First, though, we met for a day of knowledge sharing and messaging, hearing from experts like Holly Fraumeni de Jesus of Lighthouse Public Affairs and David Garcia of the Terner Center about the current state of the housing crisis and the power of policy to affect it. Tiena Johnson, Executive Director of the California Housing Finance Agency, shared her own experience at different points on the housing continuum – moving from housing insecurity to finding affordable housing to being able to purchase a home. “The moment I figured out that I had a safe and decent place to live – I will never, ever forget it,” she shared. “It changed my life. It changed my children’s life. And it will change my grandchildren’s lives. Let’s not forget who we’re working for.”
Assemblymember Buffy Wicks, chair of the Assembly Housing Committee, addressed the Habitat delegates with her own housing biography, from her early life in a trailer park in the Sierra Nevadas, to watching to her parents eventually accumulate enough savings to buy land and then build a home. She described this as “a ladder up, and for so many people that dream is no longer really an opportunity, especially in California.” She went on to say, “The work that you all are doing to give people their dream, to allow them to be self-realized and actualized to their fullest potential, to have the housing security that they deserve, is so critical. I cannot overstate how important the work that you all do is.”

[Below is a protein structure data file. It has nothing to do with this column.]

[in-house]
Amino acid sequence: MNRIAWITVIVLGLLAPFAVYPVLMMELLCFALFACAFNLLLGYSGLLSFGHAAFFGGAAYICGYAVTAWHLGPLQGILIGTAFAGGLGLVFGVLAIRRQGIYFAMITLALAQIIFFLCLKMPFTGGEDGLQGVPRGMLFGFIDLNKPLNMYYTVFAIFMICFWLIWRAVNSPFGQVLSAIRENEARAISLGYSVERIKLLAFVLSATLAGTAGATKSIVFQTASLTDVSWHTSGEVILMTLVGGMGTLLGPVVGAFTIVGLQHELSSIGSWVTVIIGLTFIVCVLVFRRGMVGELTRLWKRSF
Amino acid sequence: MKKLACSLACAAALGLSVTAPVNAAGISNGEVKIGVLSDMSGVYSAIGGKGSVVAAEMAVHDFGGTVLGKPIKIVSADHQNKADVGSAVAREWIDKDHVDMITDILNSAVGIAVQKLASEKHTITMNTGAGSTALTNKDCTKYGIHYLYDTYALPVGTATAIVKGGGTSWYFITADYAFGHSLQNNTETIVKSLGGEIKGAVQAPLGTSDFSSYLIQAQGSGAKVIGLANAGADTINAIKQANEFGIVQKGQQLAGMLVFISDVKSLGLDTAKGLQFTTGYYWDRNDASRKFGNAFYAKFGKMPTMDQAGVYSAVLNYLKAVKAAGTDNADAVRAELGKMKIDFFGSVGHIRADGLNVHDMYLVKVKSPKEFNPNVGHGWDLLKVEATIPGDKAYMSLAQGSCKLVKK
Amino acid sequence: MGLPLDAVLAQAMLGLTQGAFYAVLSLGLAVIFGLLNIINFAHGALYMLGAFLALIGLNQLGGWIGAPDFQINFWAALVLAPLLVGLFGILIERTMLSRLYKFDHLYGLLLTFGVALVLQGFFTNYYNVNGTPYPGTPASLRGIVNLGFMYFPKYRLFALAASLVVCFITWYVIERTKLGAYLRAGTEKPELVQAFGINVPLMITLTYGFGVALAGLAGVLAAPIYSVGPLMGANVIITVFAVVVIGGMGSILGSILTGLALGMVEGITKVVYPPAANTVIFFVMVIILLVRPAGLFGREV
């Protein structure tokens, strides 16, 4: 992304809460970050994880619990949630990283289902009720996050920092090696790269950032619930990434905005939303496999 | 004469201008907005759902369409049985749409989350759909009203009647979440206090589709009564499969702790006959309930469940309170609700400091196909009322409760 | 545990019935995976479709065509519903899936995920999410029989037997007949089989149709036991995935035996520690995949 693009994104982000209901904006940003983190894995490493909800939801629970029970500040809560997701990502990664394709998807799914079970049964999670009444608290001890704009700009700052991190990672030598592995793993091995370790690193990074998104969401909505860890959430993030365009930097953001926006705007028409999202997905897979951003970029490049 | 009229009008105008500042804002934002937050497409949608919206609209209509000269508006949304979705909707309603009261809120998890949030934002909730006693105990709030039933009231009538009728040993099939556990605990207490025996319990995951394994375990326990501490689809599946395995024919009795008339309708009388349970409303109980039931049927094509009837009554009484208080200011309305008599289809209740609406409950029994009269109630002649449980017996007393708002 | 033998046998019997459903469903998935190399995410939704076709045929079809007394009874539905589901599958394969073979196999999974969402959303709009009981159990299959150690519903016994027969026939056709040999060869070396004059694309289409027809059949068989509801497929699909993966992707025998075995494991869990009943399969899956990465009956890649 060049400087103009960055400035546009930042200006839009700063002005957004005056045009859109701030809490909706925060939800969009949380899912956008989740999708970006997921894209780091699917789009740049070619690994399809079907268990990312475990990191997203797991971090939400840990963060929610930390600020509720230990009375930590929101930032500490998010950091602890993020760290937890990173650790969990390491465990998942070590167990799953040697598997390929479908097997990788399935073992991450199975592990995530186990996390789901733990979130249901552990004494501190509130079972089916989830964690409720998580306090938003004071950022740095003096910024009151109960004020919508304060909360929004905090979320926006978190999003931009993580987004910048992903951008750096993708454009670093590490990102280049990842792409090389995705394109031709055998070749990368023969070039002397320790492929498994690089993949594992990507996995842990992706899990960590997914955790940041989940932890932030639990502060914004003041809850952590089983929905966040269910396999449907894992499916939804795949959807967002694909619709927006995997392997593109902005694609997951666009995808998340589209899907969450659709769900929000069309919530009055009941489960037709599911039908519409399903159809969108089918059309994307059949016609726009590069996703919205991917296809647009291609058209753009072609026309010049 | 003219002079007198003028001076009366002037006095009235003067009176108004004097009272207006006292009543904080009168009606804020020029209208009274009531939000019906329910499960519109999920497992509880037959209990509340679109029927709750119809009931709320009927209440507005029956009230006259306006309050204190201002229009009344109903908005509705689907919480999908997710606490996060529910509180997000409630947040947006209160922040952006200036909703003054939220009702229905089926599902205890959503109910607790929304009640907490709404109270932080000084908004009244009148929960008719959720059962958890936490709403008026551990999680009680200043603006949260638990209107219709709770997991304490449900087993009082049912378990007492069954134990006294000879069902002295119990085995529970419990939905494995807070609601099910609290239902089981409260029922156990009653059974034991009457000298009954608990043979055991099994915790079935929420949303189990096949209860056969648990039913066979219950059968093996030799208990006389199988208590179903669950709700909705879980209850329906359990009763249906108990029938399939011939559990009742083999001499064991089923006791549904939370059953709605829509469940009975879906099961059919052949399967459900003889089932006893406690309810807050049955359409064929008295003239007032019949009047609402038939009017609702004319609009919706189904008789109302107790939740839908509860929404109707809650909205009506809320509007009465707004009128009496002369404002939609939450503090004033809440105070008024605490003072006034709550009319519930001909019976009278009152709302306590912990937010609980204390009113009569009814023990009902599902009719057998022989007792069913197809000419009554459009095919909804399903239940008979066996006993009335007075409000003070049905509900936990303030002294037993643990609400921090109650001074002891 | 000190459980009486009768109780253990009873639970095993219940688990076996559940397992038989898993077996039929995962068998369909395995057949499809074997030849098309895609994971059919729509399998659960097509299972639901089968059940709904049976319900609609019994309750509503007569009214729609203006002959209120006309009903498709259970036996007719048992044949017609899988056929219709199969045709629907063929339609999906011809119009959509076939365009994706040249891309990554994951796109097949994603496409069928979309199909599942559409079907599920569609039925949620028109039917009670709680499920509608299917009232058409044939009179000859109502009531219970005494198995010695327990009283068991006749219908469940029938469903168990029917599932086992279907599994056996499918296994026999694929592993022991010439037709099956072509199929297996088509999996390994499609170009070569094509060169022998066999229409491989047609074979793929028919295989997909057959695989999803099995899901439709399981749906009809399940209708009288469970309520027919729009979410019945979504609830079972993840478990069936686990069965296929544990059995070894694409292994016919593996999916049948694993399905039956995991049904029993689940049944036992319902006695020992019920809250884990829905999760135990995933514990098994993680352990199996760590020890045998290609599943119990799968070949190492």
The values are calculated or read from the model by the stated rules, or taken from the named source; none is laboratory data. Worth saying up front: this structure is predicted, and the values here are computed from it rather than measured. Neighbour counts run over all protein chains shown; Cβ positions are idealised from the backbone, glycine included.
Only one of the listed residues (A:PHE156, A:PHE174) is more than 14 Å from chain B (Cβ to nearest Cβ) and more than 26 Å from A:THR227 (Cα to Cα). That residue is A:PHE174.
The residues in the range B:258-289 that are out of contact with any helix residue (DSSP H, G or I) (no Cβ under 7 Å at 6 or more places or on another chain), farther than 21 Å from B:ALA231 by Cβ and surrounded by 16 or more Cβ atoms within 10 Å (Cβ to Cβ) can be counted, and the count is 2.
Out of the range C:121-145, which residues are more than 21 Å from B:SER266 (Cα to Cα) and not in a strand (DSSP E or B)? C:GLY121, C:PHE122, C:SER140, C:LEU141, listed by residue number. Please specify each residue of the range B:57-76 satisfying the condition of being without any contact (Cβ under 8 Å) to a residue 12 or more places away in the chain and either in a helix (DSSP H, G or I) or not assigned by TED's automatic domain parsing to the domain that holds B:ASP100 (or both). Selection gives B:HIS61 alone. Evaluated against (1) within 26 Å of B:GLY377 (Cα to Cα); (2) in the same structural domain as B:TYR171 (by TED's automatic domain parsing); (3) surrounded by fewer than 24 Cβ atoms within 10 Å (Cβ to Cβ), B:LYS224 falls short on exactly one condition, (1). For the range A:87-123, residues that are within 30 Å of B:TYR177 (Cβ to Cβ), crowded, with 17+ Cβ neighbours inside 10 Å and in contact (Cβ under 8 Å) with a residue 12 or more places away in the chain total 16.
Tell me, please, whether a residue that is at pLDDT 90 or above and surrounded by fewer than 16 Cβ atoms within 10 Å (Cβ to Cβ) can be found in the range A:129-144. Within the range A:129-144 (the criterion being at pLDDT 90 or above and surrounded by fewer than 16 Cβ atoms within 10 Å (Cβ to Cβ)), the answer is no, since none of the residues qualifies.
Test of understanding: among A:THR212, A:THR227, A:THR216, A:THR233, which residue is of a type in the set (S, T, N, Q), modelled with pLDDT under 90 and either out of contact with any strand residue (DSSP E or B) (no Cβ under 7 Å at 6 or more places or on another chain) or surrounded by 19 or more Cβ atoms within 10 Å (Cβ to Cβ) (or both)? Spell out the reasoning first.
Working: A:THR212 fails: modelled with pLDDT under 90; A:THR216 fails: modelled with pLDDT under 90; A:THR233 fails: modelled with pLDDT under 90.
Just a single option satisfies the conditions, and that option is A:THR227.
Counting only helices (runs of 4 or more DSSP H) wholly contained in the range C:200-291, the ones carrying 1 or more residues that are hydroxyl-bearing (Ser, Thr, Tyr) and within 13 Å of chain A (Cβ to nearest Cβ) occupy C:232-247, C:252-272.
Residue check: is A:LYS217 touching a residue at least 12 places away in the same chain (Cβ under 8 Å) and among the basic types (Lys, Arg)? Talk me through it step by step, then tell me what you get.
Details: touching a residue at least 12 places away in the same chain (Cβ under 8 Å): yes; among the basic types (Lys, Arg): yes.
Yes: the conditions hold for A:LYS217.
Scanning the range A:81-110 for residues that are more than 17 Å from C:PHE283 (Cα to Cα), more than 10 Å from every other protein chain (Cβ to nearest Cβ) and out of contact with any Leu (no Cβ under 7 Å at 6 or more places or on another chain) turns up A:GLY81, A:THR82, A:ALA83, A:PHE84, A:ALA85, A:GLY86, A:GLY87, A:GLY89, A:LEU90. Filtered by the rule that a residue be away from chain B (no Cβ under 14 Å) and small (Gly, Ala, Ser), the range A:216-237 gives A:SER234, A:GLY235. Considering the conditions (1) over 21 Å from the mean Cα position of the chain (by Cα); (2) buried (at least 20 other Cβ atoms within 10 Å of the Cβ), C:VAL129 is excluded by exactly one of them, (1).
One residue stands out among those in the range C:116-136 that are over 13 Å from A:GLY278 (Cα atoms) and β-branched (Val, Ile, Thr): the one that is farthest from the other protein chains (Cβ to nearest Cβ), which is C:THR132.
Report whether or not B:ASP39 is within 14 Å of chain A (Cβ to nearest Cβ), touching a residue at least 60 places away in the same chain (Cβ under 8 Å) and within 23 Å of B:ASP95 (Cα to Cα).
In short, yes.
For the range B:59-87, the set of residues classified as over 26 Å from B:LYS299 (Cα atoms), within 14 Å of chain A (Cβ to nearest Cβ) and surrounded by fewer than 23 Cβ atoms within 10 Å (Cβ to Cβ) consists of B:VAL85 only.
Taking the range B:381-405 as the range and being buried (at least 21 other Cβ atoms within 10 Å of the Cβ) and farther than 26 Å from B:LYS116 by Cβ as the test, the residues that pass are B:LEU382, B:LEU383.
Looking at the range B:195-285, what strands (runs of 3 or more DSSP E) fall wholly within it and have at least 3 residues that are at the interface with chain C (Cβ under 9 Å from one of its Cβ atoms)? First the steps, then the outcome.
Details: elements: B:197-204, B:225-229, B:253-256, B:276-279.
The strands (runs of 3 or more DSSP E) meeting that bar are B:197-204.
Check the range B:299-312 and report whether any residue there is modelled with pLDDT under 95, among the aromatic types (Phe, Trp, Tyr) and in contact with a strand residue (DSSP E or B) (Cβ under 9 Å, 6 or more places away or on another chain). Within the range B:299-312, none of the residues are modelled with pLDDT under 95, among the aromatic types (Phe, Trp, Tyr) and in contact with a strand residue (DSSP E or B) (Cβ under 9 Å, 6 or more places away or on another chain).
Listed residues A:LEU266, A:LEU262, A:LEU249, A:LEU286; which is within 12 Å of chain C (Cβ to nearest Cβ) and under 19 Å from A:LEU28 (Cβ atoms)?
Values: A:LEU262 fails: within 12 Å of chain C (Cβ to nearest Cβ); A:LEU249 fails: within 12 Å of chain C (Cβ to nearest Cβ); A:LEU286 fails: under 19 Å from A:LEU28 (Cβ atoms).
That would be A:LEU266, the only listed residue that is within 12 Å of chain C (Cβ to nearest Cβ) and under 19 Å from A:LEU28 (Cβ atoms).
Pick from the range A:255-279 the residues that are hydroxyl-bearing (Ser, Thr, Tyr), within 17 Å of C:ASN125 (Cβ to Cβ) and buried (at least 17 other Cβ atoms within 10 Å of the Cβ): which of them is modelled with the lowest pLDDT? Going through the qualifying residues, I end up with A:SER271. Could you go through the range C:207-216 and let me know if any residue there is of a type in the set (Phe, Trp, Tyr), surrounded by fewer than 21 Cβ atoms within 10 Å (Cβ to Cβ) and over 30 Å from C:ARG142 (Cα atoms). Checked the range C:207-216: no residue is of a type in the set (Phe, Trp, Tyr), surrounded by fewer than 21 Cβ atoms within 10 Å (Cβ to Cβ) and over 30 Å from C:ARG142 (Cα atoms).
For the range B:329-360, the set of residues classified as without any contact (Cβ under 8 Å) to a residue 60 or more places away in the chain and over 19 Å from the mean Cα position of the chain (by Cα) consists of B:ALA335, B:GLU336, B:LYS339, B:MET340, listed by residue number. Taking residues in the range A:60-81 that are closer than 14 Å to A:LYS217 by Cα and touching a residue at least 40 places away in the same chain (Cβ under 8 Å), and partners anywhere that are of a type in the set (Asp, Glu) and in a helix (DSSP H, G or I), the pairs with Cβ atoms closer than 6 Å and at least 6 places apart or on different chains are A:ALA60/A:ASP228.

It was with that faith in the potential of affordable homeownership that we met with legislators the following day, representatives of districts up and down the state. We were united in a single ask: support the restoration of $100 million in budget funding for CalHome.
At the end of the day, Janice Jensen – Habitat East Bay/Silicon Valley’s President and CEO – shared that our own meetings left her feeling optimistic. We had secured some “confirmations from legislators who were willing to sign on in solidarity with us, which is fantastic. Others were holding back a little bit, but they understood the need. And, to me, that is a big deal, to have people truly understand the critical nature of this funding.”
However, as Janice points out, “It’s a tough budget year for the state, so we still have a lot of work to do. This is step number one. We’ve got a long road. But, for today, in step number one – I think it was a really wonderful day.”
Habitat on the Hill and Advocacy Days are an opportunity for the Habitat community to gather and learn from each other, and develop cohesive messaging and strategies for building support among our lawmakers. We have an opportunity to share the importance and impact of our work. And, as Debbie Arakel says, “Now, we have decades of Habitat homeowners. There are children and young adults who have grown up in Habitat homes. There are a lot of evidence and real-life cases and situations that we can draw on.” In the end, there is no better argument for making homeownership more affordable and attainable than the people who have built opportunities upon those foundations. And if that’s not a reason to advocate, we don’t know what is.